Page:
It’s somewhat rare for a series to be simply described as a solid throwback to the dubious “glory days” of the OVA boom, because that’s a big kind of claim with a lot to unpack inherent to it. Something trying to evoke a high-quality, highly-acclaimed production like Patlabor (1988), Aim for the Top! Gunbuster (1988) or Bubblegum Crisis (1987-91) is going to be doing something very different to something steeped in nostalgia for MD Geist (1986) or Angel Cop (1989-94). Arguably a lot of subsequent anime has respect and nostalgia for the very best of the boom era, and not so much has kept the same reverence for its trashier, more exploitative side.
This is going to be a fairly comprehensive look at Trails of Cold Steel 3 and as a result is probably going to be best read if you have played the game already. It isn’t often that a game makes a big enough changed impression on me to want to discuss its story at length both at the midway point and the conclusion, but – and this may be a flaw in some ways – it backloads a lot of its plot, and does so in a way that works effectively as a mirror of the way CS1 saw tranquility fall apart.
And while this article is going to go into some heavy places in terms of discussing the game’s political themes and inspirations, it’s important to remember it’s also very funny a lot of the time. Some of the jokes are wearing, particularly the “comedy lesbian” characters, but a lot of the time there are some sharp scenes and charming interactions. It’s worth considering it in comparison to a game I watched a playthrough of recently, Tales of Symphonia 2. That was a sequel to a beloved RPG that brought back, as visiting characters, the old party. It did so in a way that mostly annoyed the player, as it felt that character development was undone and beloved characters were reduced to one-note gimmicks and punchlines. CS3 largely avoids that; it remembers that the party have all matured as characters, have now settled down into new jobs and it offers a fairly charming depiction of a circle of friends trying to recapture the old magic.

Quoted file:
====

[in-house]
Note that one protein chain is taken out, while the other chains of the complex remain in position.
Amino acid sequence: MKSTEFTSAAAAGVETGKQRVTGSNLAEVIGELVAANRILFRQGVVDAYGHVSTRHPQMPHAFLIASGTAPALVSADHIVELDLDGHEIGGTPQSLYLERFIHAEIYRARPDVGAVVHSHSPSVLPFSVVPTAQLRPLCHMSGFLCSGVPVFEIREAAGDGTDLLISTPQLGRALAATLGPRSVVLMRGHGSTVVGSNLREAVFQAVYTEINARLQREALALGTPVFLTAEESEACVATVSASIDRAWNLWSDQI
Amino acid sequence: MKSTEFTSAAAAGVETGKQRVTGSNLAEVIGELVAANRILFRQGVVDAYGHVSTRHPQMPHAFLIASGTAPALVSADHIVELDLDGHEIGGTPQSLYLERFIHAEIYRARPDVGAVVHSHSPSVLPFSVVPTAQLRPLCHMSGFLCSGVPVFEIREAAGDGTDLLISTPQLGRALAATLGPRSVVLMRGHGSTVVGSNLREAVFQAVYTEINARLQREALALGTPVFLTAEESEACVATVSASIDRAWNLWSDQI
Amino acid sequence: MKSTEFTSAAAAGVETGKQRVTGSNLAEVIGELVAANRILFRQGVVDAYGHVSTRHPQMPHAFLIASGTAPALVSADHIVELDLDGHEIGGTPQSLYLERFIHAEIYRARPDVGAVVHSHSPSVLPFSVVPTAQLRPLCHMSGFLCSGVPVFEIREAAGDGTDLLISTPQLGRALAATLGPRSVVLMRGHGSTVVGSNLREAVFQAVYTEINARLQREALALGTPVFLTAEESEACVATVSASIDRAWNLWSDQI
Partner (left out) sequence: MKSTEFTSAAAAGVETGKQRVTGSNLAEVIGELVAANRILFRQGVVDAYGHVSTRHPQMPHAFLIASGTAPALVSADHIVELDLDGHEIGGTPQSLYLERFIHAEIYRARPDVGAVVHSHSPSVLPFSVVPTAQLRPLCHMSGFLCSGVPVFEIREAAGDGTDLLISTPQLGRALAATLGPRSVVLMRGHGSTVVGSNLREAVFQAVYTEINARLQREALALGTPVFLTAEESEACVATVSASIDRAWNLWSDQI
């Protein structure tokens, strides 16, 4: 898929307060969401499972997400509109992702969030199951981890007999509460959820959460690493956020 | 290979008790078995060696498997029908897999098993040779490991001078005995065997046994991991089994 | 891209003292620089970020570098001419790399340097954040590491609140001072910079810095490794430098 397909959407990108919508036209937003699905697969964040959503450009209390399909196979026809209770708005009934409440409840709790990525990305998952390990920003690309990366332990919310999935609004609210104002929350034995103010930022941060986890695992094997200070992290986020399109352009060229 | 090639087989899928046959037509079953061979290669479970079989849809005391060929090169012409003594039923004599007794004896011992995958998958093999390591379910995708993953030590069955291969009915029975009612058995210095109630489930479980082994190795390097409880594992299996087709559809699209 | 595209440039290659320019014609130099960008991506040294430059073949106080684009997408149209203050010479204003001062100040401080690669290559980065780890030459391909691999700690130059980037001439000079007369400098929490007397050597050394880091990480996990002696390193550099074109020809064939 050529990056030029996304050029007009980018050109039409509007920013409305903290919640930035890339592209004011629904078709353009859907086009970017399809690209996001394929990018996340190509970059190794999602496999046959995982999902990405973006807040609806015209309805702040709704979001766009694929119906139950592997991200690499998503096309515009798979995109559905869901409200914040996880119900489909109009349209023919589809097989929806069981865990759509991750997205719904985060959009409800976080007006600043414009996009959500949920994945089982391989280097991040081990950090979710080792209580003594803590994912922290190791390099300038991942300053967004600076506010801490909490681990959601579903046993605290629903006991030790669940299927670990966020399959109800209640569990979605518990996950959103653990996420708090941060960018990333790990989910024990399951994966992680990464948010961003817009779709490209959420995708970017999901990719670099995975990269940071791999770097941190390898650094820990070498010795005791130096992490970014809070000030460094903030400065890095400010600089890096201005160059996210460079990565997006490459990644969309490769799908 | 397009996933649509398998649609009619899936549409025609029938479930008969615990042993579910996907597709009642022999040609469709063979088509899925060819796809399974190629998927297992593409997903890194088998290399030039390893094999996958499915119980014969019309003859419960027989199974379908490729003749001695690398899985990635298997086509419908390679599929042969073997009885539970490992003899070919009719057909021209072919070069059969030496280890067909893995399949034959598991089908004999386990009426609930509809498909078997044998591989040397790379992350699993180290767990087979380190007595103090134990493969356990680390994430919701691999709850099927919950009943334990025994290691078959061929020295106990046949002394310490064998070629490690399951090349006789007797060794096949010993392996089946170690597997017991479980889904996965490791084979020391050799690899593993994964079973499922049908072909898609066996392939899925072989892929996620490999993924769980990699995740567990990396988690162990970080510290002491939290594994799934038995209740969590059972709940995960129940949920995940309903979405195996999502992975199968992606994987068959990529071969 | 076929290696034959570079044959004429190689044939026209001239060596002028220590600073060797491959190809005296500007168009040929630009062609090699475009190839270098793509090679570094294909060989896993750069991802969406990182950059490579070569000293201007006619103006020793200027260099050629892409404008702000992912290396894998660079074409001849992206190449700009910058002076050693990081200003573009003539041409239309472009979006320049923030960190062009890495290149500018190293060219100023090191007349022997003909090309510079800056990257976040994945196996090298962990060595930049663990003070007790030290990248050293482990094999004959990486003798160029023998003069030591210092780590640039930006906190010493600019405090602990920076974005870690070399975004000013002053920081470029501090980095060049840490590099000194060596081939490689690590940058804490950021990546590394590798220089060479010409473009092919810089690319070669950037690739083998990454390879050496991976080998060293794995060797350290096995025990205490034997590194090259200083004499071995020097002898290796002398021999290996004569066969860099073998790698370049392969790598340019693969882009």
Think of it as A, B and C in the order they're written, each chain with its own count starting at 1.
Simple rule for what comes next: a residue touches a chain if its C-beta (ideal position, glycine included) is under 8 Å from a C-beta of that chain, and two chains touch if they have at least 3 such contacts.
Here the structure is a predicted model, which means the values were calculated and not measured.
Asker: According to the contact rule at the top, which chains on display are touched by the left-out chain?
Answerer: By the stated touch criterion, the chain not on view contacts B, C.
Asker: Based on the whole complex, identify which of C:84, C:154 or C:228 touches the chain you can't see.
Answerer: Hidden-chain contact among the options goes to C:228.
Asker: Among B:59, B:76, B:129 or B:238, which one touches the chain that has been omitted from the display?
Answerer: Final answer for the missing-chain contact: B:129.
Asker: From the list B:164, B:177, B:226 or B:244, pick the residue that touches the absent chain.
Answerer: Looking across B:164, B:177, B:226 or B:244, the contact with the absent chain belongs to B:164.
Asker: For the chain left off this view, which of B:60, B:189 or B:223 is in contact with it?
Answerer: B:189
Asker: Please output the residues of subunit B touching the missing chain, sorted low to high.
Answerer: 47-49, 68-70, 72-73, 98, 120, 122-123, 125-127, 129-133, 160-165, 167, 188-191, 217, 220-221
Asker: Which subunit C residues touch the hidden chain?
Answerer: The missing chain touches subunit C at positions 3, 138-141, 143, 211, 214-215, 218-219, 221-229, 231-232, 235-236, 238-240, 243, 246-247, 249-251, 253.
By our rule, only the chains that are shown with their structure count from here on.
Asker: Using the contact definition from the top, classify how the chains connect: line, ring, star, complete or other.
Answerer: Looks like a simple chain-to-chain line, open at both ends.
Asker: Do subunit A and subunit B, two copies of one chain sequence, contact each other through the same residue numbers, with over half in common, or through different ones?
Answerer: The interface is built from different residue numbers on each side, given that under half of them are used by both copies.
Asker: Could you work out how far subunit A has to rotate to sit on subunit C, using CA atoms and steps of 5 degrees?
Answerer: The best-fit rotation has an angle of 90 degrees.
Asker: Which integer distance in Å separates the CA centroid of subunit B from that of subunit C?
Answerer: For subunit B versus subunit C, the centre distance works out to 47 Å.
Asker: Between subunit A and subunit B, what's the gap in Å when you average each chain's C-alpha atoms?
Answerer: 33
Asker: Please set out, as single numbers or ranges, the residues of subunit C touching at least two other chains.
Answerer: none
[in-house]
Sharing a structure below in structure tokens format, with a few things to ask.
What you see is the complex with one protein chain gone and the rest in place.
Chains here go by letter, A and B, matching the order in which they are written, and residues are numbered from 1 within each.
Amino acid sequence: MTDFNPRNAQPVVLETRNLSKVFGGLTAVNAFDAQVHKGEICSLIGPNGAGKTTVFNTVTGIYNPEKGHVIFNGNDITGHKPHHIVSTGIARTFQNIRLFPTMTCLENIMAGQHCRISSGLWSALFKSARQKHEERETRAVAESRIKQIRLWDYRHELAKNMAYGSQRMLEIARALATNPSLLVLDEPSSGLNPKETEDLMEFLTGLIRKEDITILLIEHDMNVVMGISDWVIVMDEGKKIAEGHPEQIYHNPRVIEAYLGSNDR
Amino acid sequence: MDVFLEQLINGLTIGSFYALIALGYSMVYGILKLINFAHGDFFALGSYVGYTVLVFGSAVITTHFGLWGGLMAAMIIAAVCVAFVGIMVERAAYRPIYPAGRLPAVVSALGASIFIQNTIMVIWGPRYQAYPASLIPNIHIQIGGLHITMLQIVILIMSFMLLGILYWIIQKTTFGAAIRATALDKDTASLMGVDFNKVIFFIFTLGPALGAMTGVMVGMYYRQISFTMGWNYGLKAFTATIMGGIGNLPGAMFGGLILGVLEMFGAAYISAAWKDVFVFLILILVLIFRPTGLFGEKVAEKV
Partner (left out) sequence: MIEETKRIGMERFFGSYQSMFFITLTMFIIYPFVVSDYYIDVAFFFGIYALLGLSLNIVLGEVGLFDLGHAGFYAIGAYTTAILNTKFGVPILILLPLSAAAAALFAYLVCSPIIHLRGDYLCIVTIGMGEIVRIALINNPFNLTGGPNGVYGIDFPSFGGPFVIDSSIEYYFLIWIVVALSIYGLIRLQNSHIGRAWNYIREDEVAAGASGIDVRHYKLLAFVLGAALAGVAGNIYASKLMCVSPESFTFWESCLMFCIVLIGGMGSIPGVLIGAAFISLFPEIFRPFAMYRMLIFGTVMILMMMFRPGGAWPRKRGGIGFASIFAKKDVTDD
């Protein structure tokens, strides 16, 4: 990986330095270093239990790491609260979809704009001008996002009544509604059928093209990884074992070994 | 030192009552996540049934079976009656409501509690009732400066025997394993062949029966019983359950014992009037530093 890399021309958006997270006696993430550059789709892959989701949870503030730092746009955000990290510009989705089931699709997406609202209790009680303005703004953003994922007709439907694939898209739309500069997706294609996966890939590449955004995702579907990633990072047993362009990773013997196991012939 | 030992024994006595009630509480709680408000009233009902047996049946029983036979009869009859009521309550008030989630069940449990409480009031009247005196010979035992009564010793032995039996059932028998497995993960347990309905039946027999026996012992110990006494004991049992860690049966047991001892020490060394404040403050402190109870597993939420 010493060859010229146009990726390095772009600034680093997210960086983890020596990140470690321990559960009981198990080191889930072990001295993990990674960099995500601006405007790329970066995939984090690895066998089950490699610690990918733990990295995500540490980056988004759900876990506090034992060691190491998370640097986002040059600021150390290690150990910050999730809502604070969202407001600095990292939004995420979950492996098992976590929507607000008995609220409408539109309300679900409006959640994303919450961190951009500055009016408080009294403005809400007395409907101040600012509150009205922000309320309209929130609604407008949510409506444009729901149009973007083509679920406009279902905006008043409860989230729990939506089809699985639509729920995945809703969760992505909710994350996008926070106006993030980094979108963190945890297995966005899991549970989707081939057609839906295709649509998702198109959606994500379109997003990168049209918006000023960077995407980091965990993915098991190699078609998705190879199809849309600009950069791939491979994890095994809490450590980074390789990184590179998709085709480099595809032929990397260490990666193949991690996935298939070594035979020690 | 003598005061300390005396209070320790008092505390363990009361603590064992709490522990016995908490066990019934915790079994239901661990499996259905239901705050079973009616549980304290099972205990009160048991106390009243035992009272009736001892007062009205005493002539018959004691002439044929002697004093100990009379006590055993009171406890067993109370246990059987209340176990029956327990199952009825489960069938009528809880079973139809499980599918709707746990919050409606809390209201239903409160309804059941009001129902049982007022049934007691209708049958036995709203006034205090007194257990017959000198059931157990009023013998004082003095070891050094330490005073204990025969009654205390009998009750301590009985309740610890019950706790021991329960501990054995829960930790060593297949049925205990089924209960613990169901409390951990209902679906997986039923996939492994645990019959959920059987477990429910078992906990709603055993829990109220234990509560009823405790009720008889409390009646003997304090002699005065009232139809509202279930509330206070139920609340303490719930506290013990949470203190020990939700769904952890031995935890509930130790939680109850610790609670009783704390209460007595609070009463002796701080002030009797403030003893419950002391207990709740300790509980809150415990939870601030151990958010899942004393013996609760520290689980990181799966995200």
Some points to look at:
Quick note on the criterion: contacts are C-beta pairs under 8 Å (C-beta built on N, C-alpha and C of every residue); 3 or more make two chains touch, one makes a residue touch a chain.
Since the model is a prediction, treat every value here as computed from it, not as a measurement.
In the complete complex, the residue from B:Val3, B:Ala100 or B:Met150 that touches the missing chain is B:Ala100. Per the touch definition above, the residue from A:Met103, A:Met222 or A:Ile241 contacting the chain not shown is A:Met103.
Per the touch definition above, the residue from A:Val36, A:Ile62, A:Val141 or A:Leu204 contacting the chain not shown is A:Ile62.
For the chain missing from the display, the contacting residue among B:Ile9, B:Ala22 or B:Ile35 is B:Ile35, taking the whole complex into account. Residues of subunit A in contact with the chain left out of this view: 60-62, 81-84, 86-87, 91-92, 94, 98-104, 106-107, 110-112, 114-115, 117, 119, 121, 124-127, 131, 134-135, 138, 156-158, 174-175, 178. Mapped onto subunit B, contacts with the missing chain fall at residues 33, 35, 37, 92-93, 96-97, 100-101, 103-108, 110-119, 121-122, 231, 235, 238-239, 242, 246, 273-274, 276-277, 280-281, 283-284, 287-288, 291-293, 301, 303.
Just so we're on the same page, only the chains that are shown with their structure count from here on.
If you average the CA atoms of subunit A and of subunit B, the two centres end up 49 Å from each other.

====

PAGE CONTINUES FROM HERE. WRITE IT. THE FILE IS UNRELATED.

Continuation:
I was interested enough in Armoured Fleet Dairugger XV to keep watching past a point I’d usually give up a series that was not interesting me. It was a super robot show I was not familiar with outside of knowing that it was perhaps the biggest-crewed robot of that era of super robots (with fifteen pilots), that it was (seemingly uncharitably) parodied by Robot Chicken for the length of its stock footage and that it had never featured in Super Robot Wars. And so, when I found out it was receiving official, subtitled streams on Youtube, I decided to watch it.
For all, with distance, I can see the grain of some good ideas in Trails of Cold Steel 2 it is fundamentally a weirdly paced, unrewarding game which serves some necessary story purpose – marking the characters’ development from students reacting to an unfair world to young adults trying to take action against it – but does so in a slow, inconsequential fashion. The story it covers needed to be told to bridge 1 and 3 both for political and character developments, and I am unsure how exactly it could have been done better, but nevertheless I am very glad Cold Steel 3 has gone in a different direction and made something thematically and narratively stronger.
Spoilers for the Trails of Cold Steel series follow.
School-set RPGs are not uncommon as a concept and so do not, themselves, need much specific introduction or explanation. Nevertheless, there is a subset that I find somewhat more interesting – those which take the idea of an academy for the young and influential to learn martial and political skills so they may become future leaders. The big one, for a while, was Trails of Cold Steel; I’ve written in the past about its slight inability to land its heavier political themes, and the inescapable tension between its ideas of personal friendship and intrinsic goodness versus wider-scale conflict. I like it a lot, despite its flaws (and will merrily play Cold Steel 3 and 4 when the chance arises) but it is a series of games, like Valkyria Chronicles 1 and 4, that raises a lot of very interesting critical arguments.